Bringing the missing home

Bringing the missing home

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Bringing the missing home

Elko POW/MIA Awareness Association member John Moore holds a photo of his father holding him when he was a baby. Moore's father went missing while serving as a flight engineer for the U.S. Air Force in South Vietnam. He has yet to be found.

Elko man shares story of father lost in Vietnam



ELKO — John Moore was two days shy of his eighth birthday on May 18, 1966, when a piece of news changed everything.

His father, William Moore, was a flight engineer for the U.S. Air Force serving in South Vietnam when his plane went missing.

“I haven’t heard anything since,” Moore said. Although he doesn’t recall much of that day back in 1966 when he and his mother, Marilyn Fratto, received the news, he has spent 44 years hoping for details of his father’s fate.

Sporadically through the years, Moore and his family had a few glimmers of hope that his father might be found and finally brought home. However, he said in the end, they never amounted to more than small leads.

He said he still has hope they will one day find evidence of his father.

“If it’s a dog tag, a bone, I don’t care,” Moore said. I know he’s not alive, it’s been 44 years.”

Although he has yet to hear news of what happened to his father, he has finally find support. A year and a half ago, Moore joined the POW/MIA Elko Awareness Association and the National League of Families, which he never knew existed.

“I heard there was one and I finally went to a meeting and I’ve been there ever since,” Moore said. “They have helped me a lot.”

He is now a voting member of the NLF since he is a family member of someone who is missing in action. He said the NLF is currently in Vietnam conducting another dig to try and bring the missing home. Moore said they look for things such as bones, uniforms or dog tags to try and match them to the missing.

He said at one point there were more than 2,300 missing in action from Vietnam and that number has been brought down to about 1,600. 

As an opportunity to have some of his questions answered by an Air Force representative, Moore and his wife, Kay, are trying to attend the annual NLF meeting in mid-July in Washington, D.C.

Eight members of the POW/MIA Elko Awareness Association are also trying to raise money to attend the annual meeting. The members of the Elko association will attend as the sergeant in arms. For the first time in 42 years, an outside agency was invited to fill the role.

“The national director came for our chili feed in February, Ann Mills-Griffiths, and she was so impressed with Elko and the Elko association that she asked us to come to Washington and be the sergeant in arms for the national meeting,” said Commanding Officer of the Elko Association Les Brown. “It’s a huge honor.”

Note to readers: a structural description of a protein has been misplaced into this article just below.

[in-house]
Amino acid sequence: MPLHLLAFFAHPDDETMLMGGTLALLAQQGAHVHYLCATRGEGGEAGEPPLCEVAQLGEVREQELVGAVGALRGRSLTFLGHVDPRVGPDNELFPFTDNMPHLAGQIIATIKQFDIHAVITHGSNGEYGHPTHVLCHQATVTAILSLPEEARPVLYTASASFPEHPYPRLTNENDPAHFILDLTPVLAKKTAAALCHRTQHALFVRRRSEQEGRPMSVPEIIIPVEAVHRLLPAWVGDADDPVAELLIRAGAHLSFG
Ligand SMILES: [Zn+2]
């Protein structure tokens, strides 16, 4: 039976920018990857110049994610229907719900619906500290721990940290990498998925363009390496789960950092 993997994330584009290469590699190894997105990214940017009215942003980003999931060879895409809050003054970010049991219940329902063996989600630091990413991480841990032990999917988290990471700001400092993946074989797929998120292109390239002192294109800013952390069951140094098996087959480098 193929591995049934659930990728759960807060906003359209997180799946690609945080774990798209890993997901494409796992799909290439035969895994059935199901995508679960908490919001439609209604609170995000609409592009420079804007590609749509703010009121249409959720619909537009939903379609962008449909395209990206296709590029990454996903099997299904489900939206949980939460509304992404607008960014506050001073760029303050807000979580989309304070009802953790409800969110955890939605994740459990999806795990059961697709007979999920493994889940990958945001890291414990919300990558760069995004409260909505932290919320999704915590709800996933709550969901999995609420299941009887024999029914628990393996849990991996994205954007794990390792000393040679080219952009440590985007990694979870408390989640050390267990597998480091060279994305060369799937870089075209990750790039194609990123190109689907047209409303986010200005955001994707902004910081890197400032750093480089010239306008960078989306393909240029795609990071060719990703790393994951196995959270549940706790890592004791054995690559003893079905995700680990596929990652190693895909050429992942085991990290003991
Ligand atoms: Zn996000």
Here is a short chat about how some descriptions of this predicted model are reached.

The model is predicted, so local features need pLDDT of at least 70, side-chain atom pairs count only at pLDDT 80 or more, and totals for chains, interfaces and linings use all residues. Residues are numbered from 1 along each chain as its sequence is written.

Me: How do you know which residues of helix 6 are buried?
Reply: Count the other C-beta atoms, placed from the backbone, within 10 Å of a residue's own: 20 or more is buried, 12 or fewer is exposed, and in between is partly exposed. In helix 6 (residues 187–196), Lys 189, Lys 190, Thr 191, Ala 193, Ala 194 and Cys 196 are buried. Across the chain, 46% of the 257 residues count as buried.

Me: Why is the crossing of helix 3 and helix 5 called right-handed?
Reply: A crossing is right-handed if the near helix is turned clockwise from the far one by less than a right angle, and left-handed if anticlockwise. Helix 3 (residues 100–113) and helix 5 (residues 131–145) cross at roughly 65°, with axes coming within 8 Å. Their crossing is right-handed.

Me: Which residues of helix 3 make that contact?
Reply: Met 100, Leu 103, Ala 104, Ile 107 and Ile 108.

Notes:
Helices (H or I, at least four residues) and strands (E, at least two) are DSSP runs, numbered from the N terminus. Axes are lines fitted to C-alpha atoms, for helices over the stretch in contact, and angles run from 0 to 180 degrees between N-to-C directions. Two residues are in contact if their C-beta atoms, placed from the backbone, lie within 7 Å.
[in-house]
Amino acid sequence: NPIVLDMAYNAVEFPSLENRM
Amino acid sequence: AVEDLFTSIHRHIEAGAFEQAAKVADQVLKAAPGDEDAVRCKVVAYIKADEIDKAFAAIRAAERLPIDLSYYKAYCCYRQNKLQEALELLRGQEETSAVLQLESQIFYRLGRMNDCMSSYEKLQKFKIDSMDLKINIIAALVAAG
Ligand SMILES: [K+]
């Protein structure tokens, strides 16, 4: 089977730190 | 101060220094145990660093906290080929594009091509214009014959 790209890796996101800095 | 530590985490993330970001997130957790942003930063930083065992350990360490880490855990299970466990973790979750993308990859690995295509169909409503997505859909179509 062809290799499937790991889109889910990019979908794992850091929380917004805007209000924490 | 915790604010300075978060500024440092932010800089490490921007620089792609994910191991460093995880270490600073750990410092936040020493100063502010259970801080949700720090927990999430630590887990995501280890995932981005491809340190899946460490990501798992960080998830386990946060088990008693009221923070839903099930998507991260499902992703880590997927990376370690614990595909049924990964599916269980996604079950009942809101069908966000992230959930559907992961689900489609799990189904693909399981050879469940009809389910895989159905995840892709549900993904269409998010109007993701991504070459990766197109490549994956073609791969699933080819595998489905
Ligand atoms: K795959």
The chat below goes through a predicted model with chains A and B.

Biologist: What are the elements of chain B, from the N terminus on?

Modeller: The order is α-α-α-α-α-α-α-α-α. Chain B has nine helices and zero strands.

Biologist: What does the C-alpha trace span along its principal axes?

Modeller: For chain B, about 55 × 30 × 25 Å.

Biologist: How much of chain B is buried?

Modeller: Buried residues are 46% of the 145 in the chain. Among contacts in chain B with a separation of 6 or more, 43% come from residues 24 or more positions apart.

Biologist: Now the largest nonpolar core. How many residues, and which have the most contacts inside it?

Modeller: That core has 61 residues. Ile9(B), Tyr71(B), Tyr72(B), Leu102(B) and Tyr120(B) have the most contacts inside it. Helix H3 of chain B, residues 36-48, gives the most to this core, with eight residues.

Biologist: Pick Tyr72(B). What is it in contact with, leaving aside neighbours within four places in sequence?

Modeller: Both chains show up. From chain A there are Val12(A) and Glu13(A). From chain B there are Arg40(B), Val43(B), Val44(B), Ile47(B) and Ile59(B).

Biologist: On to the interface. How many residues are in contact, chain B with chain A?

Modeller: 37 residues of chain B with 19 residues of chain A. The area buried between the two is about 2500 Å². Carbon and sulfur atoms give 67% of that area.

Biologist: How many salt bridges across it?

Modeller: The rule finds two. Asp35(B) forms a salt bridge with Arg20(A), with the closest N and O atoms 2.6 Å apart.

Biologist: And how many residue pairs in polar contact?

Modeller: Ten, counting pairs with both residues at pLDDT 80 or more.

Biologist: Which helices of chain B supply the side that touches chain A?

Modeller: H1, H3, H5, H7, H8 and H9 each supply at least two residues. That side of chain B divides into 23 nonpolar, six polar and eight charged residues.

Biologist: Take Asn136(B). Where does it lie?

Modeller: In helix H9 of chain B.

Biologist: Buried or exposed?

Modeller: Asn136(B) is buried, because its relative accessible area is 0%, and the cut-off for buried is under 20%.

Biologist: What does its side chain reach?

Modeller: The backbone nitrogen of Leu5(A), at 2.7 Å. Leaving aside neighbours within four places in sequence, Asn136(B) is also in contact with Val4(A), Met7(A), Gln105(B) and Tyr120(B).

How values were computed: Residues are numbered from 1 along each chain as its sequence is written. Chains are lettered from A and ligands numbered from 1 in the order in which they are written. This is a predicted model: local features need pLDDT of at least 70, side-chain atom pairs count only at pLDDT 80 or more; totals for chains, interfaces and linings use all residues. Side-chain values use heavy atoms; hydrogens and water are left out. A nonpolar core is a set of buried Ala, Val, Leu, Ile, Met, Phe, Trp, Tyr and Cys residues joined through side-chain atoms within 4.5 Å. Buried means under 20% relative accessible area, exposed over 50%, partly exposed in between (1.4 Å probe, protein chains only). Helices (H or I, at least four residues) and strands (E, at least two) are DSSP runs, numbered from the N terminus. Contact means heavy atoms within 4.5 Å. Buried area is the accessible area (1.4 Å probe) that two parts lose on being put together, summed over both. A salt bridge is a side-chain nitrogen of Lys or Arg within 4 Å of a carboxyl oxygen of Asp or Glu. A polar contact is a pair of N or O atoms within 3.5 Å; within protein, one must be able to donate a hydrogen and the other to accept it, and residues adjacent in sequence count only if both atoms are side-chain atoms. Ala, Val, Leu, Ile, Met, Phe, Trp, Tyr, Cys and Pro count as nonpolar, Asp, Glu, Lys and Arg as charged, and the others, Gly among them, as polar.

The trip for the members will cost around $10,000, which the association is trying to raise money to cover. The group leaves July 18.

“I think this is a huge honor for some of us to go and represent Elko, which some of these people have never even heard of Elko, Nevada,” Brown said. “This is just a humongous honor and I’m honored to be a part of it.”

The Moores do not know if they can attend. The Air Force will pay for their flight, but no other expenses. However, if they do go, Moore said he has a long list of questions for the Air Force about the progress made in finding his father, including inconsistencies in letters they’ve received regarding various searches for the missing.

To raise money for the trip, a benefit sale is scheduled July 8 and 9. The sale begins at 8 a.m. each day between Trinity Real Estate and KELK on East Idaho St.

Although the Elko association needs to raise money for the members to attend the annual meeting, the members are still working every day to bring home those who are unaccounted for, such as Moore’s father.

Today is the second annual POW/MIA Elko Awareness Day. Brown said the association will be selling yard signs lamented with the POW/MIA logo as well as the name and photo of Bowe Bergdahl, the current and only living POW in Afghanistan. 

There is a ceremony at 10 a.m. today at the Elko County courthouse.

“Show your support for the men and women in the military,” Brown said. “That’s what it’s about and the 83,000 Americans that are accounted for dating back to World War II.”

For information on the fundraiser sale or the ceremony at the courthouse, visit


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